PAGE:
Tennent, William (1)

Tennent, William (1)

a Presbyterian minister and educator, and the father of Gilbert, John, and William Tennent, was born in Ireland in 1673. He received a liberal education in his native country, and was probably a graduate of Trinity College, Dublin. He entered the ministry originally in the Episcopal Church, and was ordained deacon by the bishop of Down, July 1, 1704; and priest, Sept. 22,1706. He emigrated to America in 1718, and immediately changed his ecclesiastical relations, being received into the Presbyterian Church September 17 of the same year. He supplied East Chester and Bedford, N.Y.; Bensalem and Smithfield, Bucks Co., Pa.; and in 1726 accepted a call from the Church at Neshaminy, in the same county, where he spent the remainder of his life. He was but fully settled when he was impressed with the conviction that there were other duties than those of a pastor demanding his attention. The country was in a forming state, and he felt that it was all-important that it should have a right direction. His four sons followed in the footsteps of their godly father, and were consistent Christians. His attention was early directed to the young men who were growing up around him, and who he saw must be educated to become useful members of society. As there were no schools or colleges in that region, he determined to erect a building for educational purposes. His means were limited, and consequently the building must correspond with them. In process of time a log house was erected of humble proportions about a mile from Neshaminy Creek, near to the church. This building was afterwards designated the "Log College," and was the first literary and theological institution of the Presbyterian Church in this country. It was the immediate parent of Princeton College and Theological Seminary, and of all other institutions of a similar character in the Church. The site of the Log College was in every way desirable, commanding as it did an extensive prospect of level, fertile country, bounded by distant hills. The distinguished Whitefield, who visited it in 1739, says of it:

"The place wherein the young men study is a log house about twenty feet long aid nearly as many broad, and to me it seemed to resemble the school of the old prophets, for their habitations were mean; and that they sought not great things for themselves is plain from those passages of Scripture wherein we are told that 'each of them took a beam to build them a house; and that at a feast of the sons of the prophets one of them put on the pot, while the others went to fetch some herbs out of the field, "All we can say of most of our universities is, that they are glorious without. From this despised place seven or eight worthy ministers of Jesus have lately been sent forth; more are almost ready to be sent, and the foundation is now laying for the instruction of many others." Of Mr. Tennent, the founder of this college, but little is known outside of his connection with the institution. Whitefield's journal refers to him thus: "At my return home was much comforted by the coming of one Mr. Tennent, an old gray-headed disciple and soldier of Jesus Christ. He keeps an academy about twenty miles from Philadelphia; and has been blessed with four gracious sons, three of which have been, and still continue to be useful in the Church of Christ. He is a great friend of Mr. Erskine of Scotland, and he and his sons are secretly despised by the synod generally, as Mr. Erskine and his friends are hated by the judicatories of Scotland, and as the Methodist preachers are by the brethren in England." Whitefield further says:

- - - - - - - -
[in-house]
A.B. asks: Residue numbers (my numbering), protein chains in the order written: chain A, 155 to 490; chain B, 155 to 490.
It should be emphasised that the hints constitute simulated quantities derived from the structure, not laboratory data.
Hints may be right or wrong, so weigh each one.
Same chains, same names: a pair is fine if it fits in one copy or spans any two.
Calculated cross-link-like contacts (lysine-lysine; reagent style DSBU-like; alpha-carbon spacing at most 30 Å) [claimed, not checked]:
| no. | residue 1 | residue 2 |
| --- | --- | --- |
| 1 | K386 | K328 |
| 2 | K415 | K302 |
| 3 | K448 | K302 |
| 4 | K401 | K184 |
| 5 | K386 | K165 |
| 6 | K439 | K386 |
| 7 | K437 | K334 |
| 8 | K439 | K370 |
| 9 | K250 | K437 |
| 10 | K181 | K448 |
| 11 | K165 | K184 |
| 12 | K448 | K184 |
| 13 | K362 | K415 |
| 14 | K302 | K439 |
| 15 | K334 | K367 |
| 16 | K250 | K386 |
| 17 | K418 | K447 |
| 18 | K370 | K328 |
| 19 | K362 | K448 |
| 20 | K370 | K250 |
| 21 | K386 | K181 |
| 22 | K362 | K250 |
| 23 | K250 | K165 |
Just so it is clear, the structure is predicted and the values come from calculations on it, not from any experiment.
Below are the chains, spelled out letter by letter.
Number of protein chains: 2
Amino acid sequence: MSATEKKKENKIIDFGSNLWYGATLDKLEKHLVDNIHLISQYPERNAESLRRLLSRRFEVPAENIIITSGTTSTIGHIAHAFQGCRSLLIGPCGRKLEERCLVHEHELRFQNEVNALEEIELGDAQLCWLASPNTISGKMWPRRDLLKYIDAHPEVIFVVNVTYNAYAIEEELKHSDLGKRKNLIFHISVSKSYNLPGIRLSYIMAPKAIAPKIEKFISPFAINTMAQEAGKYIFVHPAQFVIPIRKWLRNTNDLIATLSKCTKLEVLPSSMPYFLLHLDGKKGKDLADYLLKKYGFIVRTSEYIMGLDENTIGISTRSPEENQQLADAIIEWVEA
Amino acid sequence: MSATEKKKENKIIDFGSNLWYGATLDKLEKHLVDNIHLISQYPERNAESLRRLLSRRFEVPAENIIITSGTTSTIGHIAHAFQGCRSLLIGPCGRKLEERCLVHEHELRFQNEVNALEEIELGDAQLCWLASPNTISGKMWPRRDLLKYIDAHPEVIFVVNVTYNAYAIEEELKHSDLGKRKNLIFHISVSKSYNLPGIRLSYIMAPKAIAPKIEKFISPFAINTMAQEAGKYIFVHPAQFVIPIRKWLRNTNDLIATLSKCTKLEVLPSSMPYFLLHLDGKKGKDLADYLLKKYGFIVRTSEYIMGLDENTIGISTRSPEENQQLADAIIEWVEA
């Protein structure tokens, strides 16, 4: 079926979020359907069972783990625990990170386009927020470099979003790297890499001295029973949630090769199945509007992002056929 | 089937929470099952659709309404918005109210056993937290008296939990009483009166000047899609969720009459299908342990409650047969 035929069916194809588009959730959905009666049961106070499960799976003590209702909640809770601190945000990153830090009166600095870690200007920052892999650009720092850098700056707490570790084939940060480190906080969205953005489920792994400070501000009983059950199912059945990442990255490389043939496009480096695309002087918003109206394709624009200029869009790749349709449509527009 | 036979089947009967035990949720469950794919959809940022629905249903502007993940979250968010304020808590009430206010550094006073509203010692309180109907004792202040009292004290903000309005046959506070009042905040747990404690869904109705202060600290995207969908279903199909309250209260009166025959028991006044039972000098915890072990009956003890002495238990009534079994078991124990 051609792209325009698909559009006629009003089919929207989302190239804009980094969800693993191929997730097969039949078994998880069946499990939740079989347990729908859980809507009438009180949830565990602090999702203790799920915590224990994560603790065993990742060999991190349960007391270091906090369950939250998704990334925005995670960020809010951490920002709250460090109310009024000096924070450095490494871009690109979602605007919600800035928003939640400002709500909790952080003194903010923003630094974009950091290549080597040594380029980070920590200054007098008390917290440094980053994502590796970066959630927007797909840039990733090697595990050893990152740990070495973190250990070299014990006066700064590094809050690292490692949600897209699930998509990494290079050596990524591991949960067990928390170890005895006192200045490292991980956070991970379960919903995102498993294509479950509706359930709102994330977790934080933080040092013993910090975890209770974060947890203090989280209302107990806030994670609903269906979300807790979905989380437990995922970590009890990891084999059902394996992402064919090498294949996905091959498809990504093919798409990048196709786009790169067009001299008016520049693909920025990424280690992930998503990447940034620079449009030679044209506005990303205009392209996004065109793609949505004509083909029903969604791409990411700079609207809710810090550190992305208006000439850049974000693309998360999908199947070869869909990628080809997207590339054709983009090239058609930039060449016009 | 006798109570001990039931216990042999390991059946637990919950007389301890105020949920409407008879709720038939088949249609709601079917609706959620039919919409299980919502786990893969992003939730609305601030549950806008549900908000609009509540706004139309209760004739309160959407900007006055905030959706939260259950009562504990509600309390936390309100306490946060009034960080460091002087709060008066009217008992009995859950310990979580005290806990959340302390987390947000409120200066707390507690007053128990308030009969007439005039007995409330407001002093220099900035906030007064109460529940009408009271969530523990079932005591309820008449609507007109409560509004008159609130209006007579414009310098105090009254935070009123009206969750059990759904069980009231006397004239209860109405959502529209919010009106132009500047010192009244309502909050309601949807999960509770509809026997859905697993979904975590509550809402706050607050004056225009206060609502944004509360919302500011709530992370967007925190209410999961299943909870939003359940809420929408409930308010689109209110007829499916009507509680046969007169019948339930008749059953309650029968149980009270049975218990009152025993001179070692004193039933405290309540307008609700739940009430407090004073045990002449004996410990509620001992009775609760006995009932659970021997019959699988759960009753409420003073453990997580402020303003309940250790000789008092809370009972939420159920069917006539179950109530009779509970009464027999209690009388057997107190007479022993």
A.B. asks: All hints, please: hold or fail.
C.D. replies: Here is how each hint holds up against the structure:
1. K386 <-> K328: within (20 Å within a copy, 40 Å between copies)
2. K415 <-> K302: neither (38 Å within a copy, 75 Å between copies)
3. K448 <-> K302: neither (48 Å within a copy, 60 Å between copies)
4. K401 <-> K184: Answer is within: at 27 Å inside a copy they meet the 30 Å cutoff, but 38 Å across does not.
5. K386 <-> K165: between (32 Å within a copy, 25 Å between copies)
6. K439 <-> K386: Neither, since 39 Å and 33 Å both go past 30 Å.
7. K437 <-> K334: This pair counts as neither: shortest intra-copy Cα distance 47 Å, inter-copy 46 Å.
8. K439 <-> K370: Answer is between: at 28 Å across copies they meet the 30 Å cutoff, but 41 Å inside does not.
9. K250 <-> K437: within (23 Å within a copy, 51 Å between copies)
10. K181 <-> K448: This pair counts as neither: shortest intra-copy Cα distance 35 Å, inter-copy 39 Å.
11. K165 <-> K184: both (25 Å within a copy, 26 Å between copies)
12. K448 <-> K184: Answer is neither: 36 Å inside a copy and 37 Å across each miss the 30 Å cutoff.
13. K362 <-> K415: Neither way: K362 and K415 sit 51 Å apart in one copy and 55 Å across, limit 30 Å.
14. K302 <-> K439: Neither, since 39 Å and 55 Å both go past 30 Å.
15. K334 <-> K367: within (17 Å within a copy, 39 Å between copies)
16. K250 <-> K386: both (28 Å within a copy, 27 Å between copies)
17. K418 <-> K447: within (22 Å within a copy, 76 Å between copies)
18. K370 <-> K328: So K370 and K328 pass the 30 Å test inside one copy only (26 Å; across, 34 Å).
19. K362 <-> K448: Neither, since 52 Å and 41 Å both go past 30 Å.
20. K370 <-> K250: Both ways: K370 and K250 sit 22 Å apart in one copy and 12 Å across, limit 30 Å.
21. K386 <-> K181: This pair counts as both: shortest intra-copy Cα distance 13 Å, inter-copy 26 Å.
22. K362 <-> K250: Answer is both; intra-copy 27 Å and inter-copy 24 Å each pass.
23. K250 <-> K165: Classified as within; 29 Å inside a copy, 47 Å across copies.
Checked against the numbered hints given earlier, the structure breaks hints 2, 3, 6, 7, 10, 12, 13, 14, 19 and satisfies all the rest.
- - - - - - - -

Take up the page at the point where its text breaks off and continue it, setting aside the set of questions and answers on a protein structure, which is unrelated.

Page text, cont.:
"Set out for Neshaminy, where old Mr. Tennent lives, and where I was to preach to-day according to appointment. About twelve o'clock we came together and found 3000 people assembled in the meeting house yard. Mr. Wm. Tennent, Jr., as we stayed beyond the time, was preaching to them. When I came up he soon stopped, gave out a psalm, which was sung, and then I began to speak as the Lord gave me utterance. At first the people seemed unaffected, but in the midst of my discourse the power of the Lord Jesus came upon me, and I felt such a struggling within myself for the people as I scarce ever felt before; the hearers began to be melted down immediately and to cry much, and we had good reason to hope the Lord intended good for many. After I had finished, Mr. Gilbert Tennent gave a word of exhortation to confirm what had been delivered. After our exercises were over, we went to old Mr. Tennent's, who entertained us like one of the ancient patriarchs. His wife to me seemed like Elizabeth, and he like Zachary. Both, as far as I can learn, walk in the command of the Lord blameless. Though God was pleased to humble my soul so that I was obliged to retire for a while, yet we had sweet communion with each other, and spent the evening in concerting what measures had best be taken for promoting our dear Lord's kingdom. It happened very providentially that Mr. Tennent and his brethren are appointed to be a presbytery by the synod, so that they intend bringing up gracious youths and sending them out from time to time into the Lord's vineyard." Among the ministers sent out from Log College to preach the Gospel were his four sons, Gilbert, William, John, and Charles; Rev. Messrs. Samuel Blair, Samuel J. Finley (afterwards D.D. and president of Princeton College), W. Robinson, John Rowland, and Charles Beatty. In 1742 this venerable man became unable to perform his duties as pastor, and his pulpit was supplied by the presbytery. In 1743 Mr. Beatty was ordained as his successor. His work was nearly done, and of him it may be said, in the language of Dr. Alexander, "The Presbyterian Church is probably not more in debted for her prosperity, and for the evangelical spirit which has generally pervaded her body, to any individual than to the elder Tennent." He died at his loved home in Neshaminy, May 6,1746. His published works consist mostly of sermons, twenty-three of which appear in one volume, 8vo. Two other discourses were also published. Many occasional sermons and pamphlets were published in Philadelphia in 1758. Rev. Samuel Finley, D.D., his former pupil, preached his funeral discourse, which was also published. See Sprague, Annals of the Amer. Pulpit, 3, 23; Genesis Assemb. Miss. Mag. or Evangel. Intell. 2; Alexander, Hist. of Log College; Tennent's Family Record. (W.P.S.)